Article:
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These magnificent creatures are only just now beginning to be understood.

Once considered only a legend--and now severely threatened by systematic harvesting of their only known food source--the Corn Skunk, spilogale springicus, is an extremely difficult species to study, due to the intense shyness, low population density and nocturnal habits of the species combined with the difficult observing conditions presented by mature cornfields. Only in the past year have observations been made which yielded reliable data; much of our current information about the Corn Skunk is still apocryphal.

The Corn Skunk is, in appearance, markedly similar to the Spotted Skunk, having the characteristic black fur with broken white stripes. This similarity led, originally, to the identification of this species with the Spotted Skunk, which has recently through closer analysis proven false, though the name spilogale has been preserved until a clearer classification can be made. Corn Skunks differ from their distant cousins most noticeably in weight, weighing on average 6-8 times more than the Spotted Skunk. However, these physical differences are minor as compared with the vast shifts in behavior patterns Corn Skunks have adapted to deal with their unique lifestyle.

Corn Skunk Picture Like other mustelids, most skunks are mainly carnivorous. While they will eat fruit in season, their diet is primarily composed of insects, grubs, and small mammals. Once they reach adulthood, they rarely fraternize with other adults of their species outside of mating periods.

Corn Skunks, on the other hand, are known only to consume corn. During corn harvesting periods, they work nearly nonstop to consume and lay away as much corn as possible to last until the next season. They mate for life, and this partnership is so crucial to their corn-harvesting activities that should one member of a pair die, the other will soon starve to death. They care meticulously for their young for a full year, as the methods used for food-gathering are quite intensive and take some time for the young skunklets to master.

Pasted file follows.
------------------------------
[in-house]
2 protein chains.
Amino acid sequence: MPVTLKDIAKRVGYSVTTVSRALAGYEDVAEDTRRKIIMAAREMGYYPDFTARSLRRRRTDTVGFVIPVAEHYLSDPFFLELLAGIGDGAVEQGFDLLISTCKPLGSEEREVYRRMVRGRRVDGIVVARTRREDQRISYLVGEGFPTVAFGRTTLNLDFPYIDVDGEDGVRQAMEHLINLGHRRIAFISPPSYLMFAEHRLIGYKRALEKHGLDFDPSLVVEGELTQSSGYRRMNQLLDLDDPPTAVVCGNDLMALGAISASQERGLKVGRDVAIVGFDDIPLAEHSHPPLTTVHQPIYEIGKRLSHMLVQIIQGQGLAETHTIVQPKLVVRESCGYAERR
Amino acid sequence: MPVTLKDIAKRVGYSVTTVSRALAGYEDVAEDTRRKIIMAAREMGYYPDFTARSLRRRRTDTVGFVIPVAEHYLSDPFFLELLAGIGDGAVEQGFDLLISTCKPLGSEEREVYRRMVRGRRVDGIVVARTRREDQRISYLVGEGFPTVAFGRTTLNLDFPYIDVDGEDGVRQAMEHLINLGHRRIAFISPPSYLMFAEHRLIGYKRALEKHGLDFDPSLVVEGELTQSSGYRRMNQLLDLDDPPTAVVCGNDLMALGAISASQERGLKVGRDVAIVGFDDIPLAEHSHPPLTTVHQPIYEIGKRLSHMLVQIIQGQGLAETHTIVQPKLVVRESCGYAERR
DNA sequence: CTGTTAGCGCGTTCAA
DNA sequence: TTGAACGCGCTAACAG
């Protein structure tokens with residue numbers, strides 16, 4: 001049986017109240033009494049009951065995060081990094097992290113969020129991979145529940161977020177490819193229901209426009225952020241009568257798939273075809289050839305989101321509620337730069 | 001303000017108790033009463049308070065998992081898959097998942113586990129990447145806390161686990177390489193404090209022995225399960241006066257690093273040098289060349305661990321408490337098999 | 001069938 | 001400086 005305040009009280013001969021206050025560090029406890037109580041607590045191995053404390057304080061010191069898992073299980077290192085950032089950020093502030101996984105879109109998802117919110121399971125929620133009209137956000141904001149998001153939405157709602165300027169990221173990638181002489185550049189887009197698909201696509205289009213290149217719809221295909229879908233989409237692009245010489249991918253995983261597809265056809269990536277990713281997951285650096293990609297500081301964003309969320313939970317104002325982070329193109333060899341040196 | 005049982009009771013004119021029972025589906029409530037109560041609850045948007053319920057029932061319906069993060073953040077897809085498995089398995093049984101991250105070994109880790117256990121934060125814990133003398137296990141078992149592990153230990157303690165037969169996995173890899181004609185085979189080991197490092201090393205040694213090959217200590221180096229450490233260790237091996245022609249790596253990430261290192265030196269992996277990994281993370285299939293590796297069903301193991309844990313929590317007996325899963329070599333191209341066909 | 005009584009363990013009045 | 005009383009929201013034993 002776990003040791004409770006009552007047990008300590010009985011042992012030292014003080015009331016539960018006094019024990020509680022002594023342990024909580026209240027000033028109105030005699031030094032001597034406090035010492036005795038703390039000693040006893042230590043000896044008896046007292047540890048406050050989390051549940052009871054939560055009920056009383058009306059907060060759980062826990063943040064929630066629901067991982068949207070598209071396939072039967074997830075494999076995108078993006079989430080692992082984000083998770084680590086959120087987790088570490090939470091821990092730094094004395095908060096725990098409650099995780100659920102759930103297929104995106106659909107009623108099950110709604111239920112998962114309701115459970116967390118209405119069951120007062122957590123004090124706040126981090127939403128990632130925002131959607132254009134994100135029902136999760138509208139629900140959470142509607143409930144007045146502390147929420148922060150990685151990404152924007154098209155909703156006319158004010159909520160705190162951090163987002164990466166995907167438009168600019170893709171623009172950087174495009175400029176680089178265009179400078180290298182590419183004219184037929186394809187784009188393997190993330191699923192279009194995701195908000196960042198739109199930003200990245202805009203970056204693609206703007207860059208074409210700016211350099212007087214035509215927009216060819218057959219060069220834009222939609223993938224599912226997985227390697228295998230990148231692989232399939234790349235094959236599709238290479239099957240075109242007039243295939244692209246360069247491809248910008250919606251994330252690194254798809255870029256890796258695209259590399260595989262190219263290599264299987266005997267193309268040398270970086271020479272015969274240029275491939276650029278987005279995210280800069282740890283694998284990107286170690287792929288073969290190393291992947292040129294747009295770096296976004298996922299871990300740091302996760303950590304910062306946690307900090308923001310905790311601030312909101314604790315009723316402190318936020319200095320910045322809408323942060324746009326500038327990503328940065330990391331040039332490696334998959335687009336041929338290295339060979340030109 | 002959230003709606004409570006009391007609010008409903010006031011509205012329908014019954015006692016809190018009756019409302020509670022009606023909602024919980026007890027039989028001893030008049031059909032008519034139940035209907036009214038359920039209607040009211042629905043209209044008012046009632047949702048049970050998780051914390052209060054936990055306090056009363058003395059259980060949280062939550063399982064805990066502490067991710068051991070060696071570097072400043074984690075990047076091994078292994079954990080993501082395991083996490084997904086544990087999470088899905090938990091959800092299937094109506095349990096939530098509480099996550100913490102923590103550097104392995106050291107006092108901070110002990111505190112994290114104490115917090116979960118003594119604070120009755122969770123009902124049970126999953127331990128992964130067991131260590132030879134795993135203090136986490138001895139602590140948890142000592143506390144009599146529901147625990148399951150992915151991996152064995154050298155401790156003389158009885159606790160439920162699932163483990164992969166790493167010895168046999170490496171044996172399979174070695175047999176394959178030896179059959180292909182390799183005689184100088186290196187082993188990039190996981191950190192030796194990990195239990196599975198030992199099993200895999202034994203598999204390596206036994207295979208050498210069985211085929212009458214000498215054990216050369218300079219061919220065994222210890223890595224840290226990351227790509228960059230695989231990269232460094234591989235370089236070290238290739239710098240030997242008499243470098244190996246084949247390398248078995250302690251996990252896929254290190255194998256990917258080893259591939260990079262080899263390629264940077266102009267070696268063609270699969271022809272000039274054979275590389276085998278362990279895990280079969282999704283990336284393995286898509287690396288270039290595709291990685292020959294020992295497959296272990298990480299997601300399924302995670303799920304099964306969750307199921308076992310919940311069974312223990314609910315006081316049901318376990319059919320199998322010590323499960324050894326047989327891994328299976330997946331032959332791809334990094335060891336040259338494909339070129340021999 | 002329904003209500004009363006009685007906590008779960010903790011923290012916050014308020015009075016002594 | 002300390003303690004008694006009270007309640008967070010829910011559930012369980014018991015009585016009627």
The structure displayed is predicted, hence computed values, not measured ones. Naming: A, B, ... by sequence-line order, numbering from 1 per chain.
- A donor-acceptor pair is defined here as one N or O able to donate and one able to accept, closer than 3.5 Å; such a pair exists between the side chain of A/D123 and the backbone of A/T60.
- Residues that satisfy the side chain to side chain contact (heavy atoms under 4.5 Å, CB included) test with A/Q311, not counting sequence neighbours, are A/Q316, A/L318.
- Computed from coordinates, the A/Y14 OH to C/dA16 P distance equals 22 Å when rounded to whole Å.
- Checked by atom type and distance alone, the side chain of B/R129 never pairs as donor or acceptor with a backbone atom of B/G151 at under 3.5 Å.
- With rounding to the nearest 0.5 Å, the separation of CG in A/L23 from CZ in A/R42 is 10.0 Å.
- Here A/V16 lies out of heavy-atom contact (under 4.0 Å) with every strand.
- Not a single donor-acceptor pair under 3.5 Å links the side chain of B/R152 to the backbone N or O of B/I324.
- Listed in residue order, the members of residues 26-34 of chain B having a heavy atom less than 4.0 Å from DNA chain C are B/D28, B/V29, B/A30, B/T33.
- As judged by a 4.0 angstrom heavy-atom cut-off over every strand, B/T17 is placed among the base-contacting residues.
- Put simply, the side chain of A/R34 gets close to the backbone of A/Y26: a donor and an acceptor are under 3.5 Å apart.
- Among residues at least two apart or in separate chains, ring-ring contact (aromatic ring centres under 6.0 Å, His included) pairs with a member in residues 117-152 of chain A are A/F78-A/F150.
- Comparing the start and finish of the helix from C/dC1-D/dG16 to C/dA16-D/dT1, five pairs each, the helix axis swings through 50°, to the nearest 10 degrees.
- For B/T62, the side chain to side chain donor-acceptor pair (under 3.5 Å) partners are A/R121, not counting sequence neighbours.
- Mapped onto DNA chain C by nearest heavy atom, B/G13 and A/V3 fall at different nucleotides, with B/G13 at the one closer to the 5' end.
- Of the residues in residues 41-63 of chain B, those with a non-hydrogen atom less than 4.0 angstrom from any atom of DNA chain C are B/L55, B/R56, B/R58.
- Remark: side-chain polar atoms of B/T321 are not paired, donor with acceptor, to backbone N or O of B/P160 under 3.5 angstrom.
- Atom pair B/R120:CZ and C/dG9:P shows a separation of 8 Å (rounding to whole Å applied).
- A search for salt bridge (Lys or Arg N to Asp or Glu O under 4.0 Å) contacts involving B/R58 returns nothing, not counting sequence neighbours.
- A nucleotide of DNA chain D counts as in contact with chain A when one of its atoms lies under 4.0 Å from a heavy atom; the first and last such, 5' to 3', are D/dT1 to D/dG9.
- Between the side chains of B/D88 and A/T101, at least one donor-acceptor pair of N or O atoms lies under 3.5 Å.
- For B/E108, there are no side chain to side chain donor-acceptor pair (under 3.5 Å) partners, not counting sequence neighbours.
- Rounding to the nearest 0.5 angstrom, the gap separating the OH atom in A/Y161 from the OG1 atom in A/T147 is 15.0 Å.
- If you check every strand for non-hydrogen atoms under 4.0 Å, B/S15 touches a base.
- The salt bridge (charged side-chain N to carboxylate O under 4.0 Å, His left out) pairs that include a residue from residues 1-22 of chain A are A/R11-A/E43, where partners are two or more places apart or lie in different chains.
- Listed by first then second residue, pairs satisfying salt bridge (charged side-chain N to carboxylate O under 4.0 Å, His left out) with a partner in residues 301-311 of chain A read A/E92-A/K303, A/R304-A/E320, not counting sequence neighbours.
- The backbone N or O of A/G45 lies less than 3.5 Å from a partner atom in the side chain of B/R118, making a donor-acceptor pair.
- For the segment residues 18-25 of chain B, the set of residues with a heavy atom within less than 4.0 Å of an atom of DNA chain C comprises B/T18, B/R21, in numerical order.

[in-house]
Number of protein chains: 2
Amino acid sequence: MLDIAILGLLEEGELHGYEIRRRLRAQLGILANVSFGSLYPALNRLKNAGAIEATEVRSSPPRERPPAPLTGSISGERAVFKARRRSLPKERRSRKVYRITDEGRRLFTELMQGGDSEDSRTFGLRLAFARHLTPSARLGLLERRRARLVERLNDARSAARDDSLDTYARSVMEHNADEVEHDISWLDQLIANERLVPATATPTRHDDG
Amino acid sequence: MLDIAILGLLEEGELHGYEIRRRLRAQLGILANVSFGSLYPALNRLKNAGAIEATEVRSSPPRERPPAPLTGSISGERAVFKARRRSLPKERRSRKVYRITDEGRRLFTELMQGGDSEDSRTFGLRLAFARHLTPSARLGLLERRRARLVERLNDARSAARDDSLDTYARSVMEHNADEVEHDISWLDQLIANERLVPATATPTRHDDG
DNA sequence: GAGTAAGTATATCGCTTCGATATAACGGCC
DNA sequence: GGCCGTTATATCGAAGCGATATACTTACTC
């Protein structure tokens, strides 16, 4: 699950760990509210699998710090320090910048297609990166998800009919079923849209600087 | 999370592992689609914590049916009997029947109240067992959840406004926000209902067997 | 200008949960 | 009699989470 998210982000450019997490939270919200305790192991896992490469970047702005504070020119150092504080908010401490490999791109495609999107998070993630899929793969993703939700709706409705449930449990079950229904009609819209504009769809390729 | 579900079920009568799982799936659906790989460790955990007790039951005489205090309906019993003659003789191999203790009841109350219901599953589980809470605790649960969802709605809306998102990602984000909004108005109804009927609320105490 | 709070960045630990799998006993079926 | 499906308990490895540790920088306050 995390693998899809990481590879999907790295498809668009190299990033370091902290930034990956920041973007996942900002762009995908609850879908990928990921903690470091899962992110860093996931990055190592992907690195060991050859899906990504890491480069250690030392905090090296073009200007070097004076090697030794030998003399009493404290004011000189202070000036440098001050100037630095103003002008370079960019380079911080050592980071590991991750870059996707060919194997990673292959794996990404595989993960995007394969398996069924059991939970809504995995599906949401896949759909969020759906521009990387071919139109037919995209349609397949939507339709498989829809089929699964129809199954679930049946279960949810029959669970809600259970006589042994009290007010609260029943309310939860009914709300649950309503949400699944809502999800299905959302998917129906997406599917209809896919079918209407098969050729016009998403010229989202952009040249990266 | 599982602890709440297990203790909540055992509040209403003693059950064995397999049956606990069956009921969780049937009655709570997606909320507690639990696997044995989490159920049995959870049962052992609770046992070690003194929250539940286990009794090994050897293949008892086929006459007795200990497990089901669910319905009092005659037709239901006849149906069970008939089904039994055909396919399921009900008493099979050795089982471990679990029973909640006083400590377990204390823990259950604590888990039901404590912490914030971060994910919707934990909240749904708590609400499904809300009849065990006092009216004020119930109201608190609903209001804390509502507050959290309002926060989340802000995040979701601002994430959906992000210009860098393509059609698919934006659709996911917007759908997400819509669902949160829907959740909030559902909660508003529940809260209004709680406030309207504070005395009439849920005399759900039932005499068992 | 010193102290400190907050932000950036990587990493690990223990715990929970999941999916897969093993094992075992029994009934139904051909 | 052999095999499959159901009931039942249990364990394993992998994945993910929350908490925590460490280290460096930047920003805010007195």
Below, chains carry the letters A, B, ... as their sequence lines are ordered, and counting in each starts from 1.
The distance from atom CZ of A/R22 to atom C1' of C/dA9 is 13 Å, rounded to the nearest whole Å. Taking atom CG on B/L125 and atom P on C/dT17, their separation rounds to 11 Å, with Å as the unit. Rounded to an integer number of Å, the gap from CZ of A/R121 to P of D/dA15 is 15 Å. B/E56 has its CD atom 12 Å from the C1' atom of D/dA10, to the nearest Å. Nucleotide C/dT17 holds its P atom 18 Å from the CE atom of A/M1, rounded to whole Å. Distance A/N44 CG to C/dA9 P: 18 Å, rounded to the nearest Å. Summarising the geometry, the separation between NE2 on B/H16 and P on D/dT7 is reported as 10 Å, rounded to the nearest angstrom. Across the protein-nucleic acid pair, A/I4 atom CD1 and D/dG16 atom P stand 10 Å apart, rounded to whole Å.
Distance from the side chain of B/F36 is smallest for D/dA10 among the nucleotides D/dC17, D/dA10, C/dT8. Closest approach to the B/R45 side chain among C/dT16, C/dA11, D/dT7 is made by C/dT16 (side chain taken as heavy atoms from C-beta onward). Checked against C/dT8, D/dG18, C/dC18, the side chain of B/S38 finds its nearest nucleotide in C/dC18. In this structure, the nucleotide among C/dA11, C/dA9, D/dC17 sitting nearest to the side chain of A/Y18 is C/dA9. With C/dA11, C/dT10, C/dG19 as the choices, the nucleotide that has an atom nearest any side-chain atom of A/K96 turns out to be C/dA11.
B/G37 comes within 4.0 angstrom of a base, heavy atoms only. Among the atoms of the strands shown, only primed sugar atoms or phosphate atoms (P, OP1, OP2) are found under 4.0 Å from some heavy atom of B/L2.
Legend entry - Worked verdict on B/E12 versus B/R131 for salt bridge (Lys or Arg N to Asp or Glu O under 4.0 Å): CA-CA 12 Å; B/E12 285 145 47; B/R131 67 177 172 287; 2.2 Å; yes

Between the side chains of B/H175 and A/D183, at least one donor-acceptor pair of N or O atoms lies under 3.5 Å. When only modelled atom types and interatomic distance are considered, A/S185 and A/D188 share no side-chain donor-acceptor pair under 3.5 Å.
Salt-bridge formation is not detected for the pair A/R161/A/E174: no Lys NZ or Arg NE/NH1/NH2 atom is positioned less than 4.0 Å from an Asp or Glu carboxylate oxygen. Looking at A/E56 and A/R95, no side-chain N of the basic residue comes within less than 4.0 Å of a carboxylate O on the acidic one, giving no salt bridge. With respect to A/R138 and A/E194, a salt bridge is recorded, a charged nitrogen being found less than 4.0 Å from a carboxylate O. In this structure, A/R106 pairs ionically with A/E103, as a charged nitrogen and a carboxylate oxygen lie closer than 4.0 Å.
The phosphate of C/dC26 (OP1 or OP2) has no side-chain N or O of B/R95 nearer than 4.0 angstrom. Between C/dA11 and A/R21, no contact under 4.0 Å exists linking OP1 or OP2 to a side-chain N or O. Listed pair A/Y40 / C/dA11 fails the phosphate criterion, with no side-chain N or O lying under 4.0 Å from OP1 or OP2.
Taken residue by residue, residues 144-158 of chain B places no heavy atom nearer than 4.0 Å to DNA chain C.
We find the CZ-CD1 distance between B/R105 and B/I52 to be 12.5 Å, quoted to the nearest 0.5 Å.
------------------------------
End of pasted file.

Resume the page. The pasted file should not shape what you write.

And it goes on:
The harvesting techniques of this glorious creature are fascinating. The basic mechanics involve one member of the pair slowly climbing halfway up a cornstalk, then springing suddenly up to grasp the base of the ear of corn. At this point, due to the sudden weight of the skunk, the stalk bends down until the ear is close to the ground. The partner skunk (or ground-skunk), waiting below, must then quickly grasp the ear of corn and remove it as quickly as possible. If the operation has been successful, and the timing correct, the climber-skunk will at that instant jump clear of the stalk and it will spring back up, leaving no trace of the attack save for the missing ear of corn, and the pair will either consume the profits immediately or stack it for later caching. However, fairly commonly, one partner will mistime the performance. If the ground-skunk fails to catch the ear, or manages to remove it before the climber-skunk has disentangled its self, the climber-skunk will be catapulted into the air, sometimes landing as much as 50 feet away from the original stalk. If the climber-skunk, however, jumps off the stalk before the ground-skunk has removed the ear of corn, the ground-skunk, if holding on too firmly, will itself be launched out above the cornfield, without the benefit of at least gaining the ear of corn. A typical pairing of skunks may attempt up to 100 ears a night; on average they will harvest perhaps 75 of these ears and have each of them gone for roughly a dozen flights and subsequent crash landings. While corn provides good cover from prying eyes, it does little to break the fall of a fairly heavy skunk. Injuries are quite common, and few pairings can harvest for more than a day or two at a time without time off for recovery. Few injuries are serious, mainly bruising and the occasional sprain, but the work is quite strenuous. An injured member of a pairing generally takes over the role of ground-skunk for a night, but should both skunks become injured, the harvest must wait until one of them has recovered thoroughly enough to climb again.

For a touching piece of literature concerning these wonderful animals, you might try the Corn Skunk Story .